Community health workers, when trained and equipped to manage simple cases of pneumonia, diarrhoea and malaria in children under the age of five, can reduce child mortality caused by these three diseases by up to 60 percent.
Funded by the World Health Organization (WHO), the Rapid Access Expansion (RAcE 2015) project in Mozambique is a strategic alliance between Malaria Consortium and Save the Children, to support the Mozambican Ministry of Health’s community health programme. The project is focused on improving the quality of care provided by community health workers (locally known as Agentes Polivalentes Elementares or APEs) by strengthening their ability to correctly diagnose, treat and refer children with common diseases and by ensuring that they receive regular supervision to improve performance and correct errors.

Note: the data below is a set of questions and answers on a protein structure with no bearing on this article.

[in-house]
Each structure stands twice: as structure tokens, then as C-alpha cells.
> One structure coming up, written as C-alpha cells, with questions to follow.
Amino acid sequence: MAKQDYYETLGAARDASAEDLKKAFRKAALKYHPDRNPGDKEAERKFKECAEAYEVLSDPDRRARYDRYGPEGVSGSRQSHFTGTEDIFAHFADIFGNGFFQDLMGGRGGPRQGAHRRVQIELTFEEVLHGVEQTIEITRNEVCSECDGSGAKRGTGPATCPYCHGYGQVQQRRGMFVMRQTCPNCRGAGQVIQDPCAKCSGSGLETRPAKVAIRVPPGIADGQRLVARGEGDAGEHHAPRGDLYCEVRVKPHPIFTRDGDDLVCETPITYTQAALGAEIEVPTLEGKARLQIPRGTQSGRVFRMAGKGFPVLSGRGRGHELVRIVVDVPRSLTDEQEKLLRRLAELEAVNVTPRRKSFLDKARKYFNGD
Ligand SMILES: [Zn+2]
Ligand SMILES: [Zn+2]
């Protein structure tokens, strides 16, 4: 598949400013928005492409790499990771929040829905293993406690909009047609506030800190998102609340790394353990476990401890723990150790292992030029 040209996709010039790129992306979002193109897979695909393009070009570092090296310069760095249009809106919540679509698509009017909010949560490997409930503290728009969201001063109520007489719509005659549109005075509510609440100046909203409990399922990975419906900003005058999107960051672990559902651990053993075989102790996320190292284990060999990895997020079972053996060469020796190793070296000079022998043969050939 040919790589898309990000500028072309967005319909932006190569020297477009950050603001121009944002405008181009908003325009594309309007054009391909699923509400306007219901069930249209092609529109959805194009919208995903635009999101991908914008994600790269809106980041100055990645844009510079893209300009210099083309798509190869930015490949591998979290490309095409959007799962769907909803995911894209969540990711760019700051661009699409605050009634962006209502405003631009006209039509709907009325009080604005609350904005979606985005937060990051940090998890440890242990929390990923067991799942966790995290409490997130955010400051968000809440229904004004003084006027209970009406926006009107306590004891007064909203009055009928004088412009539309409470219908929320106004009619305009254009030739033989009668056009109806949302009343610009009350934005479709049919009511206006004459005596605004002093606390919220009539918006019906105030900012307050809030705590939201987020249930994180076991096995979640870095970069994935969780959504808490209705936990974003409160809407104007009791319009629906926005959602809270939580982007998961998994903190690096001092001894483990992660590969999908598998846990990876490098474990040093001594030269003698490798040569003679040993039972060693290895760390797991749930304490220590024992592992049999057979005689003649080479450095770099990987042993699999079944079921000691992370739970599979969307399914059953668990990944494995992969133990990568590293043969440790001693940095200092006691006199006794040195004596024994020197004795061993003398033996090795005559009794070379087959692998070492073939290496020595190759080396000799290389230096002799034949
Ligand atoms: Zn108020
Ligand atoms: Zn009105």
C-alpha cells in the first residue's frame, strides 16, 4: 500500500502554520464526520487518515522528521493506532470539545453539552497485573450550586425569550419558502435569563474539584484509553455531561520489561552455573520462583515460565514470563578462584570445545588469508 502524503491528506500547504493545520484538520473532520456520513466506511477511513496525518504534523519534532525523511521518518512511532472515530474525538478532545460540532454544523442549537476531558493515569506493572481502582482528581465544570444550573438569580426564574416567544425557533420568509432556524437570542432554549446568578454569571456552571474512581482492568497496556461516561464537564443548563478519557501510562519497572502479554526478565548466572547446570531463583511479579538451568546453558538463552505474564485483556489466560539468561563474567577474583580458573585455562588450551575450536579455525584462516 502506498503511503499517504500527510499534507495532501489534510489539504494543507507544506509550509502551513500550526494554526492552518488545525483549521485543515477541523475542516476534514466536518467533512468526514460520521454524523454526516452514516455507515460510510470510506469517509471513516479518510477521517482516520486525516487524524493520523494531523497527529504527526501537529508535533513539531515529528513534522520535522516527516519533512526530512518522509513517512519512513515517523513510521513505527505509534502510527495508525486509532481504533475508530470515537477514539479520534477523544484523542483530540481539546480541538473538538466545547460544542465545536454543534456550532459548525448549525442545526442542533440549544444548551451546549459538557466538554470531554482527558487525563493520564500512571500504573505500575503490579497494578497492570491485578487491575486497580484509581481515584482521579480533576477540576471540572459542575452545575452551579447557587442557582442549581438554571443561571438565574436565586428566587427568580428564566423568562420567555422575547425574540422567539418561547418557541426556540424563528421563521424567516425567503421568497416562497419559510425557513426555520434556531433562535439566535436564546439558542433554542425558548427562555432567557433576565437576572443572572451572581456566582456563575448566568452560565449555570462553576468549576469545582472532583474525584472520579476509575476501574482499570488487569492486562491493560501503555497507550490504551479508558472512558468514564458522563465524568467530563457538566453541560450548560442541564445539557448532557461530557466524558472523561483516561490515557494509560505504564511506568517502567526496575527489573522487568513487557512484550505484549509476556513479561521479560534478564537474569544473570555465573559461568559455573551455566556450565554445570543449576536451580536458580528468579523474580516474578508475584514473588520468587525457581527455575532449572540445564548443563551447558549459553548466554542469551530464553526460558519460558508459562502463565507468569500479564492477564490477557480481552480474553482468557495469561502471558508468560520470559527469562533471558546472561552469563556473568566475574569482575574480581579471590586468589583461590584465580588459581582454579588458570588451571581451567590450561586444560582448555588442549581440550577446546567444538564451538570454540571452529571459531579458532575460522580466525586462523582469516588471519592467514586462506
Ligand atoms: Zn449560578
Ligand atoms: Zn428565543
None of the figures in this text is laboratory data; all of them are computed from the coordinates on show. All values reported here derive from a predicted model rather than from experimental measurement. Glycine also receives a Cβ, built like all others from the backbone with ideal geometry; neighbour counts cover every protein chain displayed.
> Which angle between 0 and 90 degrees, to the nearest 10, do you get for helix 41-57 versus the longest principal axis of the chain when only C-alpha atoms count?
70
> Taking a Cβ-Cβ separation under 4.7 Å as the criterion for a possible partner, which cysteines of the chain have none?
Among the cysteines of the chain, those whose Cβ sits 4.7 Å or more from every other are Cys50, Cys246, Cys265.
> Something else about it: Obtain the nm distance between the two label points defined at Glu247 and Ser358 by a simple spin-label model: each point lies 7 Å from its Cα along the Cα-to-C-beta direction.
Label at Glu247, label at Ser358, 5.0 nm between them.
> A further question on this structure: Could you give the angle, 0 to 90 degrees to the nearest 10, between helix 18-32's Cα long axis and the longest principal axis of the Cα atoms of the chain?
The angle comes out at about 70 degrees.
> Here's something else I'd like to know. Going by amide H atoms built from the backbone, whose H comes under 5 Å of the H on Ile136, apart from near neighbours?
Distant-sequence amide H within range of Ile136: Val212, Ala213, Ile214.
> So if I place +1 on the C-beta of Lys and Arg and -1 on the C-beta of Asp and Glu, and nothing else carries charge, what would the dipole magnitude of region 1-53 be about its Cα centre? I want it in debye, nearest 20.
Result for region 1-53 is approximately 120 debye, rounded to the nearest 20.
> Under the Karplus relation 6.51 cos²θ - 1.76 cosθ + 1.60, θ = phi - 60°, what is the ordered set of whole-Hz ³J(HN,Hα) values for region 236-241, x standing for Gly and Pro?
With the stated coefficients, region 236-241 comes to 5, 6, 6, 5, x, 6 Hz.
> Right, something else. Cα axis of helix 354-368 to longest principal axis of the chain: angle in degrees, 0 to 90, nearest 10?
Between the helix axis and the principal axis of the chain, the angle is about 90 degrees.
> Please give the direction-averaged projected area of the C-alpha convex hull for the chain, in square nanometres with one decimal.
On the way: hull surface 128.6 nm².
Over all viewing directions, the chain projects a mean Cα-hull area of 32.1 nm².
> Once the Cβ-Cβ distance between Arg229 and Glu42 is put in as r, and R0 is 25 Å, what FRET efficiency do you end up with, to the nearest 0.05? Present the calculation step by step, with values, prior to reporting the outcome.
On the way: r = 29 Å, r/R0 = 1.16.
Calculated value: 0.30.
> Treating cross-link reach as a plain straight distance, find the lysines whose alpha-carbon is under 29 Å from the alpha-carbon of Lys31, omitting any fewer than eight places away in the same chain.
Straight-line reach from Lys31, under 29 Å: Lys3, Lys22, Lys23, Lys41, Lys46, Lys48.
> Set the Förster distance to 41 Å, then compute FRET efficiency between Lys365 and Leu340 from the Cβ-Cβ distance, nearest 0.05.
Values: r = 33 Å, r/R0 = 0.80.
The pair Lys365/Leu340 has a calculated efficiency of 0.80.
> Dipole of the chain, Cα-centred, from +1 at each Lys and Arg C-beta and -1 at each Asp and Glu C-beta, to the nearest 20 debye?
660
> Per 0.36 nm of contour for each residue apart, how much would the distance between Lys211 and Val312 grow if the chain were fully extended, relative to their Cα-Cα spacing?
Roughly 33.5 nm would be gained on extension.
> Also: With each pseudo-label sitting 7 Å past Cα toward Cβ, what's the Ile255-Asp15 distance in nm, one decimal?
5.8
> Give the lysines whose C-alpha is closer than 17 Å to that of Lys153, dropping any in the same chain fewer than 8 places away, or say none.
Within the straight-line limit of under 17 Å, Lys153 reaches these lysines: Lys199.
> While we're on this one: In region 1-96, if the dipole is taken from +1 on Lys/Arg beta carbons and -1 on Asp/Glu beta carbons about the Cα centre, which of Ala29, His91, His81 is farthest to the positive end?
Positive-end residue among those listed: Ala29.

In November, Malaria Consortium staff and Provincial Health Directorate authorities carried out supervision visits in Inhambane province, Mozambique, to assess the clinical skills of APEs. In Inhassoro district, we met Linda Noah, a health worker who had cycled 21km on her bike, carrying her seven-month old daughter and her APE kit on her back, to participate in a clinical supervision session. During this session, Linda provided care to three children, all under the age of five, while being observed by district health technicians.
“This was a first for me,” Linda said. “I have never had a clinical evaluation session like this. My supervisors observed my work and advised me right away on what I was doing right or wrong.”
This session made Linda aware of the challenges in correctly assessing danger signs and identifying those children that need an immediate transfer to a health centre.
“I enjoyed coming to this session. I faced many difficulties but I managed to fix them and I hope I will have even more of these kinds of opportunities with my supervisor to improve my work.”
Written by: Adolfo Guambe (Provincial Health Directorate, Inhambane) & Eder Ismael Zerefos (Malaria Consortium)